Yancich on the Release of Notes

985
- - Please visit: Wichita Band Instrument Company - -

A recent post by Bruce Hembd is a most interesting one with respect to articulations and in a larger sense accuracy. Bruce studied with the late Milan Yancich at Eastman, a figure I have blogged about in other posts previously. I picked up a number of pointers from him in perhaps a half dozen lessons, seeing him at horn workshops, and from his books, especially A Practical Guide to French Horn Playing. However, a book only goes so far. Bruce studied with Yancich for three years, and had much more contact with him. He recalled in his post,

Along this line of thought, my mind wandered to lessons with Milan Yancich at Eastman. He always insisted on calling the end and the beginning of a note as a “release.” He had strong reservations about the term “attack,” insisting that it encouraged students to overuse the tongue for note production….

“Imagine a bathtub full of water,” he would say, “with a rubber stopper in the drain. You reach in with your finger and pull out the stopper, and the water rushes out.” I like this metaphor for tonguing for several reasons – it gets the imagination going and it gets one thinking more about air flow and less about the tongue….

“It’s not an attack – it’s a release,” Yancich would exclaim when I would hammer out overly-aggressive articulations. When he sang along in lessons, he accentuated the beginnings of notes with a “pull-back” gesture, rather than the typical stabbing gesture. It was like he was pulling a trigger or yanking a rip-cord on a cannon.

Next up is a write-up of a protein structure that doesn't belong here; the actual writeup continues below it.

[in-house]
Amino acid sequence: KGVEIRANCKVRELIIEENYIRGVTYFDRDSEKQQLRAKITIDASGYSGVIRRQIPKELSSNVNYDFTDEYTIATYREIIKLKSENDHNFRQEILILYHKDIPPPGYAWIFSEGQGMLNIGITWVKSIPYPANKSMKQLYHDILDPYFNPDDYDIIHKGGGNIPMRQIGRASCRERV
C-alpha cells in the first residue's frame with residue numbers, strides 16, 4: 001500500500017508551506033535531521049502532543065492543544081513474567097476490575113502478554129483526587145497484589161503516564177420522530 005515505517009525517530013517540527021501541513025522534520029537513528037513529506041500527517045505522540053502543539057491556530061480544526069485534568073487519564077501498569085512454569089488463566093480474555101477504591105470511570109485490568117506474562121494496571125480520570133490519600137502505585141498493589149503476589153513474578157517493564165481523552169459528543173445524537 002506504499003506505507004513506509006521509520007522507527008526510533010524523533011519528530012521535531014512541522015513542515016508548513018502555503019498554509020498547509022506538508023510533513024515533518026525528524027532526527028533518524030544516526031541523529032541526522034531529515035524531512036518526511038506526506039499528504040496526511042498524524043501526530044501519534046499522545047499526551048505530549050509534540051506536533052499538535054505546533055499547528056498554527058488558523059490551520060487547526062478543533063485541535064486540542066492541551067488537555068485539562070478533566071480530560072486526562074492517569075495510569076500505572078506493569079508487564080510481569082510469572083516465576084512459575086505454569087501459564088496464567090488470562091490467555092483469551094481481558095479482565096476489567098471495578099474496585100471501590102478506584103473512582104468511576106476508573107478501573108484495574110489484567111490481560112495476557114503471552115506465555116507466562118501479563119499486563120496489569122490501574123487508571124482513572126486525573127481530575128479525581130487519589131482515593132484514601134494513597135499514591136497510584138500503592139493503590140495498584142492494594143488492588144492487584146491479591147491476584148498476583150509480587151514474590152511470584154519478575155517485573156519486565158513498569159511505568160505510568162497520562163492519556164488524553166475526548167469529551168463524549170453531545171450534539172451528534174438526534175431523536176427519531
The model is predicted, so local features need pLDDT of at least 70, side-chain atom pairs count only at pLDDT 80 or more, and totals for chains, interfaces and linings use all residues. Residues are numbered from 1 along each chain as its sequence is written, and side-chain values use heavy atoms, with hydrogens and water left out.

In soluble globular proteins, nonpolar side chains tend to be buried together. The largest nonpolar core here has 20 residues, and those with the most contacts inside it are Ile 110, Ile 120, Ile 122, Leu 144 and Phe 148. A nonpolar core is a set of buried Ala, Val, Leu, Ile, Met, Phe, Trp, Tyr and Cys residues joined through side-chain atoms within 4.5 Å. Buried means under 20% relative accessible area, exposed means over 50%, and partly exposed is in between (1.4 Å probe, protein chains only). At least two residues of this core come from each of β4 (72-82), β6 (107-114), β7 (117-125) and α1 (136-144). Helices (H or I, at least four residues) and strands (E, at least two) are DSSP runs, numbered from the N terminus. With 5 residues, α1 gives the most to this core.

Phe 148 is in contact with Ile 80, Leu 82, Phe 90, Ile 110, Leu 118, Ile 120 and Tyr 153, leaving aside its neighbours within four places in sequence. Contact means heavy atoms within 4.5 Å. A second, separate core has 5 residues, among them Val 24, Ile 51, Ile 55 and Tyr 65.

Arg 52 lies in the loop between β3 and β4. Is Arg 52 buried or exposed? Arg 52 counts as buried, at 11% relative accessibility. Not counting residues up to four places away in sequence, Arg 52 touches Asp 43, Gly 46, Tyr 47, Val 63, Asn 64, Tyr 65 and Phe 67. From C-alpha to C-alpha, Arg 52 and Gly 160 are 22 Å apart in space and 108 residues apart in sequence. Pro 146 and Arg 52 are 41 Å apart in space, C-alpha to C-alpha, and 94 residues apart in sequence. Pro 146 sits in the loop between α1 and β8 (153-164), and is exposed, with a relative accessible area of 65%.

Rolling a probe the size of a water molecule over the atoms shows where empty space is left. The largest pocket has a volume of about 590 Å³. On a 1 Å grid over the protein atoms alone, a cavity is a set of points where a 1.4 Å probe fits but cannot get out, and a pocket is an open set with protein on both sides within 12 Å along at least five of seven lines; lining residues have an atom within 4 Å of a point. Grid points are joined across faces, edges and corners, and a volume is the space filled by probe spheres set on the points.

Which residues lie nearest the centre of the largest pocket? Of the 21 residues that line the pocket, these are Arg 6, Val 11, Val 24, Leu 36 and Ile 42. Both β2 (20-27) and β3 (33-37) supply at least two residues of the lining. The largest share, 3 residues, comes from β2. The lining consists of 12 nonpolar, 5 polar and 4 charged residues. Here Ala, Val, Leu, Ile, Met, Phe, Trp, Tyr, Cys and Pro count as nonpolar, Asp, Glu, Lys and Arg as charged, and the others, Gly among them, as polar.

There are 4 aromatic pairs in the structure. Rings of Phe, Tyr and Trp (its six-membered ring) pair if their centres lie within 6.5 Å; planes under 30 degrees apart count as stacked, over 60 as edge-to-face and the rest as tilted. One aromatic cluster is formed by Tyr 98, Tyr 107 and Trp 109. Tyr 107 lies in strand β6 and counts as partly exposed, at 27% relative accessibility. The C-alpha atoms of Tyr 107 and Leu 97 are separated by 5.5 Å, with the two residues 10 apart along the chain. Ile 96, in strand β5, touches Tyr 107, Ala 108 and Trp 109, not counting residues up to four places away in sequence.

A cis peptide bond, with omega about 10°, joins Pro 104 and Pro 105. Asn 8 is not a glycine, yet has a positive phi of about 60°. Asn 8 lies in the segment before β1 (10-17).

Chapter V of A Practical Guide is on the topic of articulation. It is a section that actually Bruce sheds light on in his post. Yancich wrote after a discussion of first teaching a student how not to start notes,

At this point I try to draw a word-picture of an attack. As an analogy I liken the tongue to a plug in a tub of water. When the plug is pulled back or out, the water rushes out. The air we take into our lungs is like the water in the tub, and when the tongue is pulled back or released, the air rushes out like the water from the tub when the plug is pulled.

After more explanation of how he teaches articulations Yancich makes it clear that you have to develop a wide range of articulations on the horn,

I then demonstrate different kinds of articulation: placing the tongue out very far between the teeth for heavy, marcato or hammered playing; placing it behind the upper teeth for legato playing; putting to tongue to the roof of the mouth to give an even more legato articulation; and finally placing the tip of the tongue against the lower teeth, using the flat of the tongue against the roof of the mouth to produce even another attack. The student then understands that the tongue, very much like the bow on a stringed instrument, can be used for many different types of articulation.

A Practical Guide is available directly from Wind Music. Clearly there are many shades of releases! But as Bruce reminds us all attacks are releases in one way, shape, or form.

The side point I would make is it is easy to get into a habit where you are sort of spitting the notes out of the horn when you articulate instead of releasing them. For general playing you want to keep things a bit light, you will be more accurate with this approach.

University of Horn Matters